I'm so praying for a positive outcome from the meeting, that she gets a structured support system in place & we can begin to work on our relationship. I'm not giving up on her, but change is needed & definitely don't want her out on her own! She needs lots more people in her life. I have also experienced MI & it is a long road, recovery from the conditions my daughter has is very possible. 

@Alma - Carers have rights too, make enquiries about that with a local carers organisation. Pretty hard to support someone if you have no involvement in the treatment. 

Gratitude x

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Re: When is it ok to refuse to keep supporting?

@FindingStrength 

 

The WA Government gives this listing of mental health carer support

https://www.google.com/url?sa=t&source=web&rct=j&url=http://www.nmahsmh.health.wa.gov.au/community/d...

 

They also have this information in relation to residential services for mental health

https://www.mhc.wa.gov.au/getting-help/residential-services-for-mental-health/

 

The Carer Gateway services are provided through:

Carers WA
https://www.carerswa.asn.au/

who partnered with

Helping minds
https://helpingminds.org.au/services/

 

This might also be of interest to you:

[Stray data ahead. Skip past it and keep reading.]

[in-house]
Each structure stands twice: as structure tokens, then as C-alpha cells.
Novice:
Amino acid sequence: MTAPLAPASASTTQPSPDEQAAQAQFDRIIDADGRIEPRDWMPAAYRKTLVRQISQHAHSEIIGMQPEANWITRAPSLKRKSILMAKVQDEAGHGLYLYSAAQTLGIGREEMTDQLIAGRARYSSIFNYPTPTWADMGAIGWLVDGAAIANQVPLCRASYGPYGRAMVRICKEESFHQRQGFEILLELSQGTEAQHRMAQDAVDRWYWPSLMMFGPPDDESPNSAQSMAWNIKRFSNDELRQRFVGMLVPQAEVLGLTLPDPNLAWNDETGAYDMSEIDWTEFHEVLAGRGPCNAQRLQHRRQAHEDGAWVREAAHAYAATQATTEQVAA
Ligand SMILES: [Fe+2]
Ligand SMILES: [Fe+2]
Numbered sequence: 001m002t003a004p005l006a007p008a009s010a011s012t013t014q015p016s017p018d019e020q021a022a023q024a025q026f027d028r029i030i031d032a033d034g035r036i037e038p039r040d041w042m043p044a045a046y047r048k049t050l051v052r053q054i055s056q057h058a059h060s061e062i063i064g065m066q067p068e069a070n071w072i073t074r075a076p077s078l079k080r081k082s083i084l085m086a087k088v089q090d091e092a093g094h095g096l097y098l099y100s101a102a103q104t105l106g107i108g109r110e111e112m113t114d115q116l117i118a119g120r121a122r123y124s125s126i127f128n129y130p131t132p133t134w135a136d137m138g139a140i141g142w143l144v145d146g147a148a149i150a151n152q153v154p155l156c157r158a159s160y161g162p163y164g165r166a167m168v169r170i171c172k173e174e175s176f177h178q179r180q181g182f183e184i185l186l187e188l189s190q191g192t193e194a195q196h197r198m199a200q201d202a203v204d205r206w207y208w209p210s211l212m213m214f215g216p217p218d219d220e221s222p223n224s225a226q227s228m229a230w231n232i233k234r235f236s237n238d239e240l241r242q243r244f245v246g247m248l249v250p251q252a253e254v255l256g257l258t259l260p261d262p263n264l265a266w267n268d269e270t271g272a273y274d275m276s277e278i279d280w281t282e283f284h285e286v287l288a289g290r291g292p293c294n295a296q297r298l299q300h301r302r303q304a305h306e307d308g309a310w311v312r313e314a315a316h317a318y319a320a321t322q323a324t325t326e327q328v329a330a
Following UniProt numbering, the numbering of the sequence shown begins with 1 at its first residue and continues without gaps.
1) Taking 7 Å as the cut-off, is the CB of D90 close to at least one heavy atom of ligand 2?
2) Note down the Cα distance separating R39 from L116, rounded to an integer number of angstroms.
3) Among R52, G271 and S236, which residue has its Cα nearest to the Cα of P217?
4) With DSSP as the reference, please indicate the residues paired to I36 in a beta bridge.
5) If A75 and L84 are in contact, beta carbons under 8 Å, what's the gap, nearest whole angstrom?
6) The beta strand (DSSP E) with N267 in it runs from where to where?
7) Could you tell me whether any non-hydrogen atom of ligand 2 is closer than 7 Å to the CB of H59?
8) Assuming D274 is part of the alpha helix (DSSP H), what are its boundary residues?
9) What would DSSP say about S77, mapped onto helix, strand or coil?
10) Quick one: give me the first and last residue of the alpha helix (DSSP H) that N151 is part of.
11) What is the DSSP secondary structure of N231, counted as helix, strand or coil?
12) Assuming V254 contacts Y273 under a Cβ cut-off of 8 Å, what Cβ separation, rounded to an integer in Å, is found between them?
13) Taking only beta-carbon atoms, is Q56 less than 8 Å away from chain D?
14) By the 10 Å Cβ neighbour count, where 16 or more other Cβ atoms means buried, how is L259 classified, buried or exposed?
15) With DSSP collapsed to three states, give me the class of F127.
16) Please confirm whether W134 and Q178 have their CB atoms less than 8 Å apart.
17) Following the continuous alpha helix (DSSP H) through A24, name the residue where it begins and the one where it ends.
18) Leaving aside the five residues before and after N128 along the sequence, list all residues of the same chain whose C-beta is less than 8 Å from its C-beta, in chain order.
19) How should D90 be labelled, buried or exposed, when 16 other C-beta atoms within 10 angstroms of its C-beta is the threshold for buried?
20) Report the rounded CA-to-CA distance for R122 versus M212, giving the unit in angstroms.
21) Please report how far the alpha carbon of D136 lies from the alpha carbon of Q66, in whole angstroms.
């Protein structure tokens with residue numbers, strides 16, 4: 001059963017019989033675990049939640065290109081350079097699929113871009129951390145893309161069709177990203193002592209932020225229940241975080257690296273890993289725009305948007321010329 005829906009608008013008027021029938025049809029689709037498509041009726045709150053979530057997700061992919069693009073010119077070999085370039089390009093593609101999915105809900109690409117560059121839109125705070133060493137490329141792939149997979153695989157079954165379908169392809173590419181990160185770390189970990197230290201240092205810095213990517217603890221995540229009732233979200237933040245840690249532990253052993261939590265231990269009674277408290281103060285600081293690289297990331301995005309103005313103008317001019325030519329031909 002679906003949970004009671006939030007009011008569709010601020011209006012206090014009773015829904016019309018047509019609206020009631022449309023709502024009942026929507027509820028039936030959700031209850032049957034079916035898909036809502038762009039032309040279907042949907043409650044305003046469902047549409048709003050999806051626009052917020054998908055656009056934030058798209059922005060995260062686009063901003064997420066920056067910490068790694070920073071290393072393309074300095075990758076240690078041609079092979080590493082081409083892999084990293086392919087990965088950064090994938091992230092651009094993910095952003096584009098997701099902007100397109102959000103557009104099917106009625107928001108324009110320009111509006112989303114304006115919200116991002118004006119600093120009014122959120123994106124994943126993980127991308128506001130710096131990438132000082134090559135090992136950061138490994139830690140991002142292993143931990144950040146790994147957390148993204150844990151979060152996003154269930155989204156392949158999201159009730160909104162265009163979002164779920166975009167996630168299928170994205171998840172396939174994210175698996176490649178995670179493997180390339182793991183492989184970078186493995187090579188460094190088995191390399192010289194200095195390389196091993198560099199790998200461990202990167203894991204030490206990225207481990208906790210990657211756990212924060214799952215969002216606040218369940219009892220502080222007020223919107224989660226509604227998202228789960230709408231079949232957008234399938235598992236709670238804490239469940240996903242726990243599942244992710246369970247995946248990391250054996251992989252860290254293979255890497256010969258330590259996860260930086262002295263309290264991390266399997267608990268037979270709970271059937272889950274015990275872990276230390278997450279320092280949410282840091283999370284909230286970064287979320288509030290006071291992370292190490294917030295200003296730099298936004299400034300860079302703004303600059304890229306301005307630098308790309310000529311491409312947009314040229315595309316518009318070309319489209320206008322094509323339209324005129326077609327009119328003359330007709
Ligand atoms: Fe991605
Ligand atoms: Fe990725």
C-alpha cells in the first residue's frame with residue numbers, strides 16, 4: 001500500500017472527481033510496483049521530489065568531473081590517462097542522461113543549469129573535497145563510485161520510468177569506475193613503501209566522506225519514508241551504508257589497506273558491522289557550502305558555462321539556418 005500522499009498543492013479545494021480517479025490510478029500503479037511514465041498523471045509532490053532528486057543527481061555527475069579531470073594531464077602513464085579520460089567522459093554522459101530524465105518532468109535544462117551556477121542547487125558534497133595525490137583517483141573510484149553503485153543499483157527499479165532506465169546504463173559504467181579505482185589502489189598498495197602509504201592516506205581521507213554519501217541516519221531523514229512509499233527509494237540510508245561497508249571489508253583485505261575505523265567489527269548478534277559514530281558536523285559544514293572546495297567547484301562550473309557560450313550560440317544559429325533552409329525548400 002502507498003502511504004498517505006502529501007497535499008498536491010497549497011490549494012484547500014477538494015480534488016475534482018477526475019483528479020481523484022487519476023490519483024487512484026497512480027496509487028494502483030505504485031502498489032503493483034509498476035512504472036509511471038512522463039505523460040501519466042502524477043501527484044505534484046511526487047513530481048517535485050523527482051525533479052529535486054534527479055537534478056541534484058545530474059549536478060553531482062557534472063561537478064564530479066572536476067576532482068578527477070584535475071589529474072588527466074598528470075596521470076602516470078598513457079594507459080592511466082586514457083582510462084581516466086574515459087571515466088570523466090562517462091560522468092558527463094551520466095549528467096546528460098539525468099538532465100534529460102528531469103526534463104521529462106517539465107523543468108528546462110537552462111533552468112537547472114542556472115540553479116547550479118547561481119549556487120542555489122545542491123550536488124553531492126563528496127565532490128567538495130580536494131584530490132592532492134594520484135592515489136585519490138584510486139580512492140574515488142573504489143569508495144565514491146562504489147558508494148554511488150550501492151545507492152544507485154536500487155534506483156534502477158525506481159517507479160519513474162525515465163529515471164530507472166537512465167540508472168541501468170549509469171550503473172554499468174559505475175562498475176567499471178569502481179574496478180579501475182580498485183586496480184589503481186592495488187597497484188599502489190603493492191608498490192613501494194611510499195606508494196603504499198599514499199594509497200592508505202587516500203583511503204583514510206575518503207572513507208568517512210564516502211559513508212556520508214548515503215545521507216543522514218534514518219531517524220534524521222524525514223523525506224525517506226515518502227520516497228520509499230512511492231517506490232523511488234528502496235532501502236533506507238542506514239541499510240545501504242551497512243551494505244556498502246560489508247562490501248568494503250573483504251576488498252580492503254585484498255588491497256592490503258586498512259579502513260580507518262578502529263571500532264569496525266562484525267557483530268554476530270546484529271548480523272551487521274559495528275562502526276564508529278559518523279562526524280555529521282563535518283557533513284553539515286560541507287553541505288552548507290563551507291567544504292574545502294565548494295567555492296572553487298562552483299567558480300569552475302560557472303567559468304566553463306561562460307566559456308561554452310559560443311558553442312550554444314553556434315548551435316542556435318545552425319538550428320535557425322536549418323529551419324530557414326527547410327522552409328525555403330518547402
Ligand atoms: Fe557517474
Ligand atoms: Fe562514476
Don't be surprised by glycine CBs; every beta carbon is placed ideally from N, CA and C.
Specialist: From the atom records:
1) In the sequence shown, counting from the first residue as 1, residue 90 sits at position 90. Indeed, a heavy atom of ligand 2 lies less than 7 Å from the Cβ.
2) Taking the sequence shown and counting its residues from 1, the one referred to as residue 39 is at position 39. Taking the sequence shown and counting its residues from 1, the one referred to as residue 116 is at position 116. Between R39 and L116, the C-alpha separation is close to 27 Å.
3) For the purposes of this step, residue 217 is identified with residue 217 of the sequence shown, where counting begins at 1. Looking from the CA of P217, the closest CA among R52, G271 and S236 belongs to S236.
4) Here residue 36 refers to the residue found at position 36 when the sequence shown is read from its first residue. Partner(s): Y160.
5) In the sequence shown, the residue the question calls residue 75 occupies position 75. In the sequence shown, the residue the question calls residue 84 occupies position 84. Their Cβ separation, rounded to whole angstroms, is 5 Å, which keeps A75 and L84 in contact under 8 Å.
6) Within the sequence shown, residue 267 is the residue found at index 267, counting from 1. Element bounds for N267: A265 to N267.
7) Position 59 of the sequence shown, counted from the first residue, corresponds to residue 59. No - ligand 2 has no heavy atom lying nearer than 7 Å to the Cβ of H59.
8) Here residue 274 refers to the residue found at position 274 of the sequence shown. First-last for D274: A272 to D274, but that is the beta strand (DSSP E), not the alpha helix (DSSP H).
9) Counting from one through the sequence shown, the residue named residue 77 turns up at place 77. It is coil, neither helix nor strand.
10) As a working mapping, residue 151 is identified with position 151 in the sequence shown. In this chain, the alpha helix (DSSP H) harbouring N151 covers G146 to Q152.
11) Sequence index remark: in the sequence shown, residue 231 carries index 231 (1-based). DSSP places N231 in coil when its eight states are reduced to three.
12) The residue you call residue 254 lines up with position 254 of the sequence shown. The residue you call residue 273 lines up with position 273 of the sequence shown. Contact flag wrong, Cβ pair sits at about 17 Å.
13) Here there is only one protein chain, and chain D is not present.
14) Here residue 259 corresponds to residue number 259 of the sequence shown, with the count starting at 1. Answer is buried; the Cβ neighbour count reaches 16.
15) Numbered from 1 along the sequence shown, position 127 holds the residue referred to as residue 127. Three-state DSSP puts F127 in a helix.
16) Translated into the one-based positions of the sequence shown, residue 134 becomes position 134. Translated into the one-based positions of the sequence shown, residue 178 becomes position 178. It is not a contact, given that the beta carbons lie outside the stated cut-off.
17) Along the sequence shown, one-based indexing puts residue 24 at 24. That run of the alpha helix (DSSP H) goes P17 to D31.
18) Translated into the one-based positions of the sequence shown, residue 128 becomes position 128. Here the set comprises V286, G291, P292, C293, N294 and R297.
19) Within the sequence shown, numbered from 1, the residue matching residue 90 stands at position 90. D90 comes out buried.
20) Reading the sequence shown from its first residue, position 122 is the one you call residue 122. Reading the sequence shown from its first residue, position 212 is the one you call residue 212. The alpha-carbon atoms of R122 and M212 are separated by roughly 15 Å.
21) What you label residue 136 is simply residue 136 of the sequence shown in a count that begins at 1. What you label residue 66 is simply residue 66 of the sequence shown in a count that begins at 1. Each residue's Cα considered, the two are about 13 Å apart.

https://www.google.com/url?sa=t&source=web&rct=j&url=https://www.chiefpsychiatrist.wa.gov.au/wp-cont...

 

 

 

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Re: When is it ok to refuse to keep supporting?

Hi @FindingStrength 

 

Your post really touches me - I have been in a similar situation with my son who was in his teens and I had to learn to use Tough Love and this isn't easy

 

My then-h and I joined Families Anonymous - you can find out if there is a chapter near you on the internet - and we did learn to tell him his choices and follow through - it was hard

 

I had to make the choice about having my son put into foster care - he could not live with my then-h and I could not manage him alone - it was a hard and unpopular choice but all these years later I do not feel guilty and you should not either - your daughter seems really unhappy and yet there is a diffierence between emotions and behaviour and this is something that needs to be worked on which is why you do need support